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East of the Cascades

The “whop whop whop” jolted us out of bed at 6 am. It was a helicopter dangling a rather large water bucket from a long rope.

We had just arrived in Oliver, British Columbia and settled into our RV park the day before, not realizing we were within yards of the airport. We knew fires burned nearby.  We could see smoke rising in small puffs from a nearby mountain.  That was where the helicopters were headed.

We were on a three-week RV trip to BC, Canada along the eastern side of the Cascades.  Forest fires and smoke blanketed the area.   

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  Helicopter in with water bucket.  Stu poses at Bend's High Desert Museum. 

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Postcard From New England #2

Postcard  From New England #2

Genealogy Road Show

Since 1623 when an English company set up a fish camp, a protected harbor has fostered and sustained Gloucester (above). America’s oldest fishing port has been home to Janet’s ancestors and relatives named Robinson, Harraden, Williams, almost from the beginning. So, of course we thought it worth another visit. Through a company called Home Away, we booked Sunset Serenade, a comfortable little vacation rental in East Gloucester with a partial view of the harbor and a kitchen where we fixed breakfast and many dinners. Short walks took us to Duckworth’s Bistrot for sumptuous seafood dinner in a relaxed, friendly atmosphere—and back home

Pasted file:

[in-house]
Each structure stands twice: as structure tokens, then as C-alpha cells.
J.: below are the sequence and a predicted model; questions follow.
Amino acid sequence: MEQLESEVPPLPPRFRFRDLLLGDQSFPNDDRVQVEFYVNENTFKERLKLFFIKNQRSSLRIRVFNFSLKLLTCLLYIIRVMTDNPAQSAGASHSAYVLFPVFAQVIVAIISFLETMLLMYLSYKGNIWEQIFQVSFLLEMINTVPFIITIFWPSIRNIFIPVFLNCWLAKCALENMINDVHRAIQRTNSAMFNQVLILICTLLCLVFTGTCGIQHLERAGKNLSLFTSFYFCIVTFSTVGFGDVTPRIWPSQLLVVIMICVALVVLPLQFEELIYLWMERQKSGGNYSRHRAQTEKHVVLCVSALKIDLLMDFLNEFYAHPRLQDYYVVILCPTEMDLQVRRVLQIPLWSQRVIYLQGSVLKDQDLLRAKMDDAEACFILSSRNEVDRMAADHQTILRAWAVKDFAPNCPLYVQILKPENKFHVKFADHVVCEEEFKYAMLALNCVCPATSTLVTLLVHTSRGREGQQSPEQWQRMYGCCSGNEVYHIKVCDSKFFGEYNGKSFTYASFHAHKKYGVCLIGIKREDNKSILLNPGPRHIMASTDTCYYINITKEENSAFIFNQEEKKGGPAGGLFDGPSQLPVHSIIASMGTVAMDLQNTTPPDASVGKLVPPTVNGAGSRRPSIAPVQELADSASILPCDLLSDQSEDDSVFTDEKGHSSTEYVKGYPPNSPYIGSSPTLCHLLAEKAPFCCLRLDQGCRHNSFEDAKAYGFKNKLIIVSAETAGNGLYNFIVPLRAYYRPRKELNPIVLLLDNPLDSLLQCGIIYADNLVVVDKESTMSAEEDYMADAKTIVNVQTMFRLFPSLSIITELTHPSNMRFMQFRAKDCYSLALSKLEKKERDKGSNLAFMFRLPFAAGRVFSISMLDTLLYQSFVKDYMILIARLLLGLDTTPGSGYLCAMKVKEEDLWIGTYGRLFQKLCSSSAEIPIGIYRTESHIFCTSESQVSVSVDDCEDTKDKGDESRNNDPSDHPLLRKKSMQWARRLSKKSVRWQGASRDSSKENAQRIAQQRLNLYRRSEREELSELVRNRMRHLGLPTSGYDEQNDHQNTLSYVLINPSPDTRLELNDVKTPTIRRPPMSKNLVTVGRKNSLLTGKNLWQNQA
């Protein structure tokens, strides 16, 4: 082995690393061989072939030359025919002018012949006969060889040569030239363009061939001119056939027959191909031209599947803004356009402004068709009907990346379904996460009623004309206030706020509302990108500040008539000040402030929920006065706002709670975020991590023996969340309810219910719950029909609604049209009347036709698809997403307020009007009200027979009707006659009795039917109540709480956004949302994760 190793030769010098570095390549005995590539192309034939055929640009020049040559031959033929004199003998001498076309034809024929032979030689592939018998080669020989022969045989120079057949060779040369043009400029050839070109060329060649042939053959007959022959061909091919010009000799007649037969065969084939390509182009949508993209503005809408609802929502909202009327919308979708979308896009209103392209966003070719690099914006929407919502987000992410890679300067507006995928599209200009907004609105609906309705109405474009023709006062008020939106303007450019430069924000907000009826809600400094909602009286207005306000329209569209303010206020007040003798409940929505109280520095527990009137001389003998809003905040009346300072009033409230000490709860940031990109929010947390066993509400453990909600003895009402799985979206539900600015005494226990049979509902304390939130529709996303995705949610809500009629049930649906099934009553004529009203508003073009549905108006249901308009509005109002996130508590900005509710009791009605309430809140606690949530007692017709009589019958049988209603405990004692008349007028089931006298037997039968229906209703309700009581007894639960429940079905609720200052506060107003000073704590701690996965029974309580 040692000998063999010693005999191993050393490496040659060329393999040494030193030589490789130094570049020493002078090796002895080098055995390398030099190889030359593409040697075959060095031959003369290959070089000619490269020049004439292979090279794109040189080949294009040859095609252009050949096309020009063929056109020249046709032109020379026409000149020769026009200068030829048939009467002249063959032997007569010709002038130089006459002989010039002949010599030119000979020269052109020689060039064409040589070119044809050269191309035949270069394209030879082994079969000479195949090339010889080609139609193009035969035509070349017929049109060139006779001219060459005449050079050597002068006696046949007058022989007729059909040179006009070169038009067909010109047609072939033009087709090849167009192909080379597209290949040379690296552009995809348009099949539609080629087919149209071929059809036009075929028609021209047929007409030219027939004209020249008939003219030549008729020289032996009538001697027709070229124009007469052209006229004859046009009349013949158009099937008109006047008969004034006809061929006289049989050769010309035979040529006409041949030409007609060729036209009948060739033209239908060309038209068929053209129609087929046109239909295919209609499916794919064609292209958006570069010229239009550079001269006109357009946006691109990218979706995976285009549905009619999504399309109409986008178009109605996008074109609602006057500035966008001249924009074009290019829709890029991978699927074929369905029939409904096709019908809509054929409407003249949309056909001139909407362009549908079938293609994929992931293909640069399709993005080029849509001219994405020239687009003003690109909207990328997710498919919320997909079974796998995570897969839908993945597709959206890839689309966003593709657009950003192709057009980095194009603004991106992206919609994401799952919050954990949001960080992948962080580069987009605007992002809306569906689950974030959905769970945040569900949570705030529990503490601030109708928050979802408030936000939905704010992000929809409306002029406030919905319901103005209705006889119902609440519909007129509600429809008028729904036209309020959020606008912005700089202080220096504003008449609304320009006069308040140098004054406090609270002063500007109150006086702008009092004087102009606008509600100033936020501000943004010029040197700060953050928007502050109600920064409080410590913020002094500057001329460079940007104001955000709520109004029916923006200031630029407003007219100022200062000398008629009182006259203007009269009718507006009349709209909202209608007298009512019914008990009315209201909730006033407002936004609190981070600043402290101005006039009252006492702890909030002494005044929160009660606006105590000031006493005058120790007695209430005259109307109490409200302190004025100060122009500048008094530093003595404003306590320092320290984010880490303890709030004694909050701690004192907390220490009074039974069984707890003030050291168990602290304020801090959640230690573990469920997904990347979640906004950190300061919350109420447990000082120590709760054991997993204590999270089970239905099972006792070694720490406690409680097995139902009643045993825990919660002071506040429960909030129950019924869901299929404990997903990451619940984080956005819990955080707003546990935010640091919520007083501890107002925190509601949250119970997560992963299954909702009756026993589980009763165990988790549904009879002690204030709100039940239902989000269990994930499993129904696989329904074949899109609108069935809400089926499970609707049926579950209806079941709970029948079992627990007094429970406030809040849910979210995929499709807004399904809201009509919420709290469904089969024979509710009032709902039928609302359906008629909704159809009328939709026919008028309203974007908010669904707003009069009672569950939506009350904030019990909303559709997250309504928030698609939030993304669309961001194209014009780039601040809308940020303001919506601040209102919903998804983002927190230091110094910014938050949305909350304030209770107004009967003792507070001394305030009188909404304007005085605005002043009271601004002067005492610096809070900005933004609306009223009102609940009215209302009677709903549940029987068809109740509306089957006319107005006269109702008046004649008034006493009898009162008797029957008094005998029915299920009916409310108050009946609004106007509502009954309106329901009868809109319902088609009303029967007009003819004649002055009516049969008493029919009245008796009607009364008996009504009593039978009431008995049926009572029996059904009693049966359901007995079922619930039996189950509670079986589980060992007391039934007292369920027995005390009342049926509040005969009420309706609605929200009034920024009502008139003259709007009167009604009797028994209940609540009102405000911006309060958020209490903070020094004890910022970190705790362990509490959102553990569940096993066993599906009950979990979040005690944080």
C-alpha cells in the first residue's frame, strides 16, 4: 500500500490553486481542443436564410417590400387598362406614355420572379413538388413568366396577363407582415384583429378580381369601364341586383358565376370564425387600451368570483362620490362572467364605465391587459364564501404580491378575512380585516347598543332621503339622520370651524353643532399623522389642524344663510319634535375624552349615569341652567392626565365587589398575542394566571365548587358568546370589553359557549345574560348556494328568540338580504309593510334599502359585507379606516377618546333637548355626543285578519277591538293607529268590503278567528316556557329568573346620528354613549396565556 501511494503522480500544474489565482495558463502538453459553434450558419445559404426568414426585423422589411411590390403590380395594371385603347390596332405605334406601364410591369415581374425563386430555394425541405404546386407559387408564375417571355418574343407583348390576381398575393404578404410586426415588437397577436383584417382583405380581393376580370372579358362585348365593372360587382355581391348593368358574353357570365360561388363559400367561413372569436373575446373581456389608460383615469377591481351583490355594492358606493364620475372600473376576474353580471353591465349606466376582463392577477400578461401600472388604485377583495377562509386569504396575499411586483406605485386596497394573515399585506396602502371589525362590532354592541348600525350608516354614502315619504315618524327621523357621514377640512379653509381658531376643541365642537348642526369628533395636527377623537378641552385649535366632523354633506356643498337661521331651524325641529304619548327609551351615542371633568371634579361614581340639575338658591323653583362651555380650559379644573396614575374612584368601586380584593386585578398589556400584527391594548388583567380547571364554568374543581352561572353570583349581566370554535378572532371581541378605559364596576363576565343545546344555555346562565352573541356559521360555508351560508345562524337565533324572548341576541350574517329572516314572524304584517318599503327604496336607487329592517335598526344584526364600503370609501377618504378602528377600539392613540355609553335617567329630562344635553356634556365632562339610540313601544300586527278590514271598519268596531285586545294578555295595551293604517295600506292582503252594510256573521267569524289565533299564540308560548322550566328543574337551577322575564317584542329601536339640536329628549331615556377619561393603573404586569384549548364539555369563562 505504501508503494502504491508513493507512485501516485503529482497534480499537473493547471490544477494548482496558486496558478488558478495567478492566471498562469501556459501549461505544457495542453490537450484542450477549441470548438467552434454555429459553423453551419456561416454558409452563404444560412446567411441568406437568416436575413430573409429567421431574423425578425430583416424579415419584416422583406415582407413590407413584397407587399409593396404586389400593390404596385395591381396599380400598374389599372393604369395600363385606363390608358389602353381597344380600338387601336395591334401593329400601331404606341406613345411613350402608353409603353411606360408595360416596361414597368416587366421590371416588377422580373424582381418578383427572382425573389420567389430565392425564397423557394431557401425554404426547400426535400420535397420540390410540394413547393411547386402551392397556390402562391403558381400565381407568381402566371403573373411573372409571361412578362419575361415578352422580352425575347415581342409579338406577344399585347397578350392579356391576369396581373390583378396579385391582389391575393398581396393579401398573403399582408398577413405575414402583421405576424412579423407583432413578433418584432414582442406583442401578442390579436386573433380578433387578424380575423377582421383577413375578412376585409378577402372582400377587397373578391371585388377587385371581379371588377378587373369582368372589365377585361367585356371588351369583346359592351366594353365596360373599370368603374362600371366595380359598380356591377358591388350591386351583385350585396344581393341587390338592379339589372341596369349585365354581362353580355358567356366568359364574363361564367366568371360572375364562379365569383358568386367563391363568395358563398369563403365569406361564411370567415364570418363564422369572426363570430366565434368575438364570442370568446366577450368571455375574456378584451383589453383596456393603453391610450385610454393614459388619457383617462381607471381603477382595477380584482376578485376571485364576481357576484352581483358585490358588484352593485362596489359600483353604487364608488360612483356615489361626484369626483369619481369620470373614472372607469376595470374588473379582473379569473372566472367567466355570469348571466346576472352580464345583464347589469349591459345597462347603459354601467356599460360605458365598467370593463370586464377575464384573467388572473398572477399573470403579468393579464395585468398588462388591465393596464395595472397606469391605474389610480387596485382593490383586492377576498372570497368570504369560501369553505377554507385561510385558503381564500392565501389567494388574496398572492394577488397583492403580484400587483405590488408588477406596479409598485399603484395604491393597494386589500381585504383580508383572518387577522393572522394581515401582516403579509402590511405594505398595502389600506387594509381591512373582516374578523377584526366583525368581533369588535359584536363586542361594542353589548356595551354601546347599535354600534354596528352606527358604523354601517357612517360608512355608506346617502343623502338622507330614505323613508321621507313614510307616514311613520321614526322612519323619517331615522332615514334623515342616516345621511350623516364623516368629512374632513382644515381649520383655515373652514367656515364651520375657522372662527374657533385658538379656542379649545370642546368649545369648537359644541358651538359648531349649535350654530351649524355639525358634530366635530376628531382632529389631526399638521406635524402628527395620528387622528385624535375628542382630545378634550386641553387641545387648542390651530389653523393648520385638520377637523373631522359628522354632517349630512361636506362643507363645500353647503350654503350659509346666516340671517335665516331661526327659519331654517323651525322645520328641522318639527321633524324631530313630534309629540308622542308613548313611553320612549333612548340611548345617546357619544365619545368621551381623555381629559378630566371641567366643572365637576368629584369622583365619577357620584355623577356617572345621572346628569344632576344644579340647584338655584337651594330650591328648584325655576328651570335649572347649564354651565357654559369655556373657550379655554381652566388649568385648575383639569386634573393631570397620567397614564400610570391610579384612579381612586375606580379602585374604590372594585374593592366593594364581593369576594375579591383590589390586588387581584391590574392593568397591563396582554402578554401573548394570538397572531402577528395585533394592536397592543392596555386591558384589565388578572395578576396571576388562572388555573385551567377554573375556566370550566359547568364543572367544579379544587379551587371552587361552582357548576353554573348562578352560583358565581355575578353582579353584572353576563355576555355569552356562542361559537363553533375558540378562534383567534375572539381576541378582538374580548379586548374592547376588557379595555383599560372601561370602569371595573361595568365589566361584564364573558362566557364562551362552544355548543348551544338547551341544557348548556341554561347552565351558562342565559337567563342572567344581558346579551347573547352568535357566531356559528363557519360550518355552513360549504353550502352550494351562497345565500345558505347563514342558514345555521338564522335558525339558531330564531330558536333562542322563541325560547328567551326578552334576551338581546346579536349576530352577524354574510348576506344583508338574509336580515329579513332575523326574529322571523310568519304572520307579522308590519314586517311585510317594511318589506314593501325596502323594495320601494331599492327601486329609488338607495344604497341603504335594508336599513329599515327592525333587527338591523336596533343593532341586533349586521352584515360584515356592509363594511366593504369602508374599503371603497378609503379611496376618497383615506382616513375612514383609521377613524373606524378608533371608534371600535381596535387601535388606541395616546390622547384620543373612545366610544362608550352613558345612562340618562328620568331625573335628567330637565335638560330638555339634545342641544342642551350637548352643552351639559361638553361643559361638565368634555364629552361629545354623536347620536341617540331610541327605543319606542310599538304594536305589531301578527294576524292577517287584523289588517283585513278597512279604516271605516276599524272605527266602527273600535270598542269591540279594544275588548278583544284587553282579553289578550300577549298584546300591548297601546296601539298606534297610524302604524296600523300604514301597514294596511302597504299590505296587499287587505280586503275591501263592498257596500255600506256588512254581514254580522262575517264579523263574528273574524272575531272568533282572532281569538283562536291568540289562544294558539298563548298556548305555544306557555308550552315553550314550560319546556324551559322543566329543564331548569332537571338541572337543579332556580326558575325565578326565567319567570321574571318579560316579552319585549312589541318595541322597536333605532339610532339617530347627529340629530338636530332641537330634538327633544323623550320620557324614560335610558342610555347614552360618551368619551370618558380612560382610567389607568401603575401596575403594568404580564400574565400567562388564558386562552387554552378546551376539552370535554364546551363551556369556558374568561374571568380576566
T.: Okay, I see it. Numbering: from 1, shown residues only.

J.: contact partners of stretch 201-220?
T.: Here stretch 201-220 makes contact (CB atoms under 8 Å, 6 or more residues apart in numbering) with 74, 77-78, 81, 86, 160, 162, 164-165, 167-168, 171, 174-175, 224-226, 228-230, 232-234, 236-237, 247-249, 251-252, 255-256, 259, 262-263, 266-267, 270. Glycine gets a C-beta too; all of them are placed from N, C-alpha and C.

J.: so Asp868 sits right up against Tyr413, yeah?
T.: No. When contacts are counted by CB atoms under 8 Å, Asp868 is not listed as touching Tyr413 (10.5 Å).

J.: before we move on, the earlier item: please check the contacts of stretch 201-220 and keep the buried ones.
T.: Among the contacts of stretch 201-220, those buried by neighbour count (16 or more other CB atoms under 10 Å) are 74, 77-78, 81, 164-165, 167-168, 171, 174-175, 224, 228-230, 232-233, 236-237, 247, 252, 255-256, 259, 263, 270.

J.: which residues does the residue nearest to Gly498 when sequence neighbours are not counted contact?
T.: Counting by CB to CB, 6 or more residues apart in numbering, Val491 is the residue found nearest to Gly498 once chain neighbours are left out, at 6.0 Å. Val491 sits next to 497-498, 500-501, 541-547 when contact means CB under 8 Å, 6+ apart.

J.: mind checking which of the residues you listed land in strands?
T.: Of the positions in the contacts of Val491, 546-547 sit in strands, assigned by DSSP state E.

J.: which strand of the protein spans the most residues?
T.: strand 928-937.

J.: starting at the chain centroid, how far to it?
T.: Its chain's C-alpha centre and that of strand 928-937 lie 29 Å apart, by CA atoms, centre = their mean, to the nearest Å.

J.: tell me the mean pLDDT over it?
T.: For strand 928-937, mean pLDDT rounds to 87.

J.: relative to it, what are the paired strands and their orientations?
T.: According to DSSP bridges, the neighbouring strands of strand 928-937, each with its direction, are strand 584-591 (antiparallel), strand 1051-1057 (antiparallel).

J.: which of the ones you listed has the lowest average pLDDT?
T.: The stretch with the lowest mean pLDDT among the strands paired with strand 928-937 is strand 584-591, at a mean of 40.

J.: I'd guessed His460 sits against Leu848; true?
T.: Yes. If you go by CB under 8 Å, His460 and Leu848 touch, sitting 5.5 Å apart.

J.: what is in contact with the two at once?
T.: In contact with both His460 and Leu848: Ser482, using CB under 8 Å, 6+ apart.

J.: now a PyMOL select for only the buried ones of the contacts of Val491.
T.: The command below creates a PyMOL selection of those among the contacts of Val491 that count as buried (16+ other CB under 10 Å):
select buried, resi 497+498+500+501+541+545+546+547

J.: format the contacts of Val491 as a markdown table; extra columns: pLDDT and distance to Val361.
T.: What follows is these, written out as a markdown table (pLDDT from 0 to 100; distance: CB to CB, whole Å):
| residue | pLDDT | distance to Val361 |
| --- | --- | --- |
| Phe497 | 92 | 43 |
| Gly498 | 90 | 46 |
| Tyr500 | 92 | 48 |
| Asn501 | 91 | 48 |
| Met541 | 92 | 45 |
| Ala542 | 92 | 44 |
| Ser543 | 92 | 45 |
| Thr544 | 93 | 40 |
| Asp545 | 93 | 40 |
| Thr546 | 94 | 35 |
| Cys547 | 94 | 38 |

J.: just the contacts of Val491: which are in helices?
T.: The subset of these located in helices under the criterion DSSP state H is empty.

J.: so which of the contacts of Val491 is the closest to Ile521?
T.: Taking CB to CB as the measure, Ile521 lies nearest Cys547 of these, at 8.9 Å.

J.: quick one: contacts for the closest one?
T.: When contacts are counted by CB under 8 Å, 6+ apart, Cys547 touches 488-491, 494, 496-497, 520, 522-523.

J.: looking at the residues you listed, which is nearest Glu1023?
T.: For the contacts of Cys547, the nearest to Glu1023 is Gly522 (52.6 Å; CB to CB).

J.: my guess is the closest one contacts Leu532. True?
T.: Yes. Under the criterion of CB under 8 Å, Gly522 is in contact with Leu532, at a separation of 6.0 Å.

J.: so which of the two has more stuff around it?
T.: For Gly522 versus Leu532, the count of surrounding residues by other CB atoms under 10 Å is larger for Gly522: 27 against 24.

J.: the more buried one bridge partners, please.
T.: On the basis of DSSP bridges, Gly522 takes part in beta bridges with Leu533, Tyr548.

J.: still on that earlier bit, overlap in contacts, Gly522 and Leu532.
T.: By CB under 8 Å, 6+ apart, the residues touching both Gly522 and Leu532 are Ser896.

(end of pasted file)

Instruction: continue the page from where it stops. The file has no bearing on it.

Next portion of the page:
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Postcard From New England & New York #1

Postcard From New England & New York #1


Genealogy Road Show

 Stu’s eighth great grandfather may have been courageous, but perhaps not very astute. In 1677 Captain Benjamin Swett led a band of 40 English colonists on a mission to Black Point (now Scarborough, Maine; then part of Massachusetts Bay Colony) where they were ambushed. Many of the young, inexperienced colonists fled while Swett, his Lieutenant and another man fought and died.  

This was a pointless battle in America’s first Indian war, known as King Philip’s War, and it’s just one genealogical gem we have so-far acquired on this, our second family history journey in about seven months. Our first four days in Providence, RI were filled with the New England Regional Genealogical Conference where we attended 30 or so lectures on everything from DNA testing, to new apps and software for genealogy, to 18th and 19th century migration patterns, and researching military records to, well, King Philip’s War.

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